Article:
Immigrants in America
Immigrants to America come from different places, for different reasons, at different ages, each with their own vision of the American dream. Still, many of the challenges of uprooting and starting over in a new place are universal. These books show the shared struggle to maintain a balance between holding on to the traditions and community of the old world and assimilating into the new world.
The Brief Wondrous Life of Oscar Wao by Junot Diaz
This is the coming-of-age story of Oscar who immigrates to New Jersey from the Dominican Republic as a young boy. As a foreigner and an overweight nerd, Oscar has a lot to overcome in his quest for love and the loss of his virginity. Heavy and light doses of Dominican history, fantasy and sci-fi references, and Spanish/Spanglish enhance Oscar’s story. This book is the winner of the 2008 Pulitzer Prize for Fiction.
The Reluctant Fundamentalist by Mohsin Hamid
In a street market in Lahore, a young Pakistani named Changez has a one-sided conversation with a jumpy American visitor. Changez recounts the story of his time in the US as an immigrant student (Princeton Class of 2001) and financial analyst. Changez falls hard for Erica, a troubled American woman. His affection for other Americans and the country as a whole is more restrained. Then 9-11 happens, and for Changez, that begins "the impending destruction of (his) personal American dream".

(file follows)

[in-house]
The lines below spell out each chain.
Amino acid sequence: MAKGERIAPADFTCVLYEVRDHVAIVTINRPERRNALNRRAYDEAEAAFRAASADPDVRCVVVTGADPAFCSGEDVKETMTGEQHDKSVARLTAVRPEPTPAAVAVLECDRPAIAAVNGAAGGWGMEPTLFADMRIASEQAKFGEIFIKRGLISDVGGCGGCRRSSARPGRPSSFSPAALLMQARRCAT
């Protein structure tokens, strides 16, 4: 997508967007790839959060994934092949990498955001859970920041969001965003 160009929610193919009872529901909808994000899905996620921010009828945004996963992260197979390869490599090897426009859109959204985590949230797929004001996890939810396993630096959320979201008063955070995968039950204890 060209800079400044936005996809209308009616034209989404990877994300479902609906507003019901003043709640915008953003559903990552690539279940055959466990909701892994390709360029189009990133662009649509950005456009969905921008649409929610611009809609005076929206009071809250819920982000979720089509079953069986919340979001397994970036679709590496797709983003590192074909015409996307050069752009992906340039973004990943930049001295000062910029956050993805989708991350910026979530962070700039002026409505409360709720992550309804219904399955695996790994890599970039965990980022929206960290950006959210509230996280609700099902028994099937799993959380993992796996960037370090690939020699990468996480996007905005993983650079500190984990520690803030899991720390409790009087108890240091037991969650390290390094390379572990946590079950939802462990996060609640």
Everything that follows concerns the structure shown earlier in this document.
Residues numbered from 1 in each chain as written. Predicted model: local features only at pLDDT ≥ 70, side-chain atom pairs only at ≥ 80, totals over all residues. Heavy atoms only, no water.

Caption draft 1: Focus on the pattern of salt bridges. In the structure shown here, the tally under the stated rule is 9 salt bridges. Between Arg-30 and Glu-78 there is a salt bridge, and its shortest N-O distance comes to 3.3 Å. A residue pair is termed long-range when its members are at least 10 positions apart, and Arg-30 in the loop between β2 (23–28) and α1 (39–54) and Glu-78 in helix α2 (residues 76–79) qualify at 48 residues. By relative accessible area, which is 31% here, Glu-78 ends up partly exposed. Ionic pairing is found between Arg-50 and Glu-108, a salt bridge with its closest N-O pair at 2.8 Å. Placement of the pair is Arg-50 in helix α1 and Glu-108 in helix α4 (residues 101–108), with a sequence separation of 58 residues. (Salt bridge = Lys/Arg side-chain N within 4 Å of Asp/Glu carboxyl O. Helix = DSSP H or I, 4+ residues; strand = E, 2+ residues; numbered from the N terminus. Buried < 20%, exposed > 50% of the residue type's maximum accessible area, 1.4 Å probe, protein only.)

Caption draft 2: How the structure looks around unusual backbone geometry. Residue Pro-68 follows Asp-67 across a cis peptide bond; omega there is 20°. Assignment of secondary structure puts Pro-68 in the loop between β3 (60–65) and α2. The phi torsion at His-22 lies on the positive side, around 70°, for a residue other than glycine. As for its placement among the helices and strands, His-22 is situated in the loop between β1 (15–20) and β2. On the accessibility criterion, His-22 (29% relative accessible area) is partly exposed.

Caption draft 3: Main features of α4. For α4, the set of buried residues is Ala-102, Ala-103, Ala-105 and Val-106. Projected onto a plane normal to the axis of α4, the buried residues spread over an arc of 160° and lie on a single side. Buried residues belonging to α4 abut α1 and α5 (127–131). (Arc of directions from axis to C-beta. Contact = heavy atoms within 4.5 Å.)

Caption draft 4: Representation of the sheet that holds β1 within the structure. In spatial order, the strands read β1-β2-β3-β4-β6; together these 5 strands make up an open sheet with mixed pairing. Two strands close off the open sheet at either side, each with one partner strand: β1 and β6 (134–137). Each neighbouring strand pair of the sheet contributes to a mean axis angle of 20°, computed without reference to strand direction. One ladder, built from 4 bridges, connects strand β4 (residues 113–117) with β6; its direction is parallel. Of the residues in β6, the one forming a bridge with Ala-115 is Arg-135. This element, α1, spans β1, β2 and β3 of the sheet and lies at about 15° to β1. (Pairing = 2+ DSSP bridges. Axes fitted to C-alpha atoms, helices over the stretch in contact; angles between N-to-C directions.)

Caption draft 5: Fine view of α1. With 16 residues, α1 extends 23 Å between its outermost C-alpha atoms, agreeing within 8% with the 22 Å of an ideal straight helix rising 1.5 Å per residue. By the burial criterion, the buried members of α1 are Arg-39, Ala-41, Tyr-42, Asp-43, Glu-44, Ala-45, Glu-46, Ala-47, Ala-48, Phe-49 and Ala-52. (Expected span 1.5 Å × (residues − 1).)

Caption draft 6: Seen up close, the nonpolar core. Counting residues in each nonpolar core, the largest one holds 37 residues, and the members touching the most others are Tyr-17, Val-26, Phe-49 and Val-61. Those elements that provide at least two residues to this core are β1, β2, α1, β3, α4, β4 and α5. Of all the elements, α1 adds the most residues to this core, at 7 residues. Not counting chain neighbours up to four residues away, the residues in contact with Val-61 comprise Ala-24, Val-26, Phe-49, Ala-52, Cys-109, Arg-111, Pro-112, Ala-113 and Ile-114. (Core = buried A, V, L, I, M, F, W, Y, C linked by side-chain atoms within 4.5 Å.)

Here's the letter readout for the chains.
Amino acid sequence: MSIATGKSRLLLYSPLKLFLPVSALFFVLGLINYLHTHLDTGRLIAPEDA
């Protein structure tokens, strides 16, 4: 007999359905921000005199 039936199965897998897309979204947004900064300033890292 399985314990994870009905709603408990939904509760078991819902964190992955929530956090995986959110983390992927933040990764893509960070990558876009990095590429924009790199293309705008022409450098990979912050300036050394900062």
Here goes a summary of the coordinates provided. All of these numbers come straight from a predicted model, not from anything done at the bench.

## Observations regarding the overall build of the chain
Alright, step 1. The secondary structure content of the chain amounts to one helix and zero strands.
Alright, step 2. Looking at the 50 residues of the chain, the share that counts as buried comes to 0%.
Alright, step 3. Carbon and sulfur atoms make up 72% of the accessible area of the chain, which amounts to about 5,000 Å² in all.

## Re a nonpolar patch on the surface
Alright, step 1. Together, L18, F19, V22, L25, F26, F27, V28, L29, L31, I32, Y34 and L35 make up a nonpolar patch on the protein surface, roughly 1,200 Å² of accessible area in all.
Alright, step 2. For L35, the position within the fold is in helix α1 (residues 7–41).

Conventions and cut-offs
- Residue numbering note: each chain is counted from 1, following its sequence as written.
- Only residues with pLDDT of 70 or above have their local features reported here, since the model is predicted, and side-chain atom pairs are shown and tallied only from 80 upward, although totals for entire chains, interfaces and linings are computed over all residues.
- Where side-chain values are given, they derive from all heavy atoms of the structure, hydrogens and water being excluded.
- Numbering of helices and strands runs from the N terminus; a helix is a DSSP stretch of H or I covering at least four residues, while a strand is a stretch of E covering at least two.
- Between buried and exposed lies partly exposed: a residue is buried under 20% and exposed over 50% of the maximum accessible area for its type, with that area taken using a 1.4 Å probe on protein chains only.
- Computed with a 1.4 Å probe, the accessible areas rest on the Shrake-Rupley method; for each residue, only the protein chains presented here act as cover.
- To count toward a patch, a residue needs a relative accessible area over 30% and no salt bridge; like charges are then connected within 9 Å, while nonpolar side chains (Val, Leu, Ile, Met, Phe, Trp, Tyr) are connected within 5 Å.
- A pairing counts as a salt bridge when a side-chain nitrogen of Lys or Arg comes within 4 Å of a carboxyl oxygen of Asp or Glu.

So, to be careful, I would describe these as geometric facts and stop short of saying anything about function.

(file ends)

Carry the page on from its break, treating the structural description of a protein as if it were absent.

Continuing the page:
Family Life by Akhil Sharma
Eight-year-old Ajay emigrates from Delhi, India to Queens, New York with his parents and older brother Birju. The family is adjusting and assimilating according to plan when Birju has a tragic accident. Precocious Ajay narrates a candid account of how his family copes.
The Sympathizer by Viet Thanh Nguyen
In the aftermath of the Vietnam War, a captain in the South Vietnamese Army flees to southern California, but not to pursue the American dream. He is a Communist sympathizer and a secret agent, under orders to spy on his fellow refugees. This book is the winner of the 2016 Pulitzer Prize for Fiction.
Behold the Dreamers by Imbolo Mbue
Jende Jonga uproots his small family to New York from Cameroon, hoping to "claim his share of the milk, honey and liberty flowing in the paradise-for-strivers called America". Jende finds work as a chauffeur for another striver, Wall Street executive Clark Edwards. The problems of the Jonga and Edwards families, extending well beyond Jende's unsuccessful bid for legal status, quickly overlap. Imbolo Mbue, a Cameroonian immigrant herself, won the 2017 Pen/Faulkner Fiction award for this debut novel.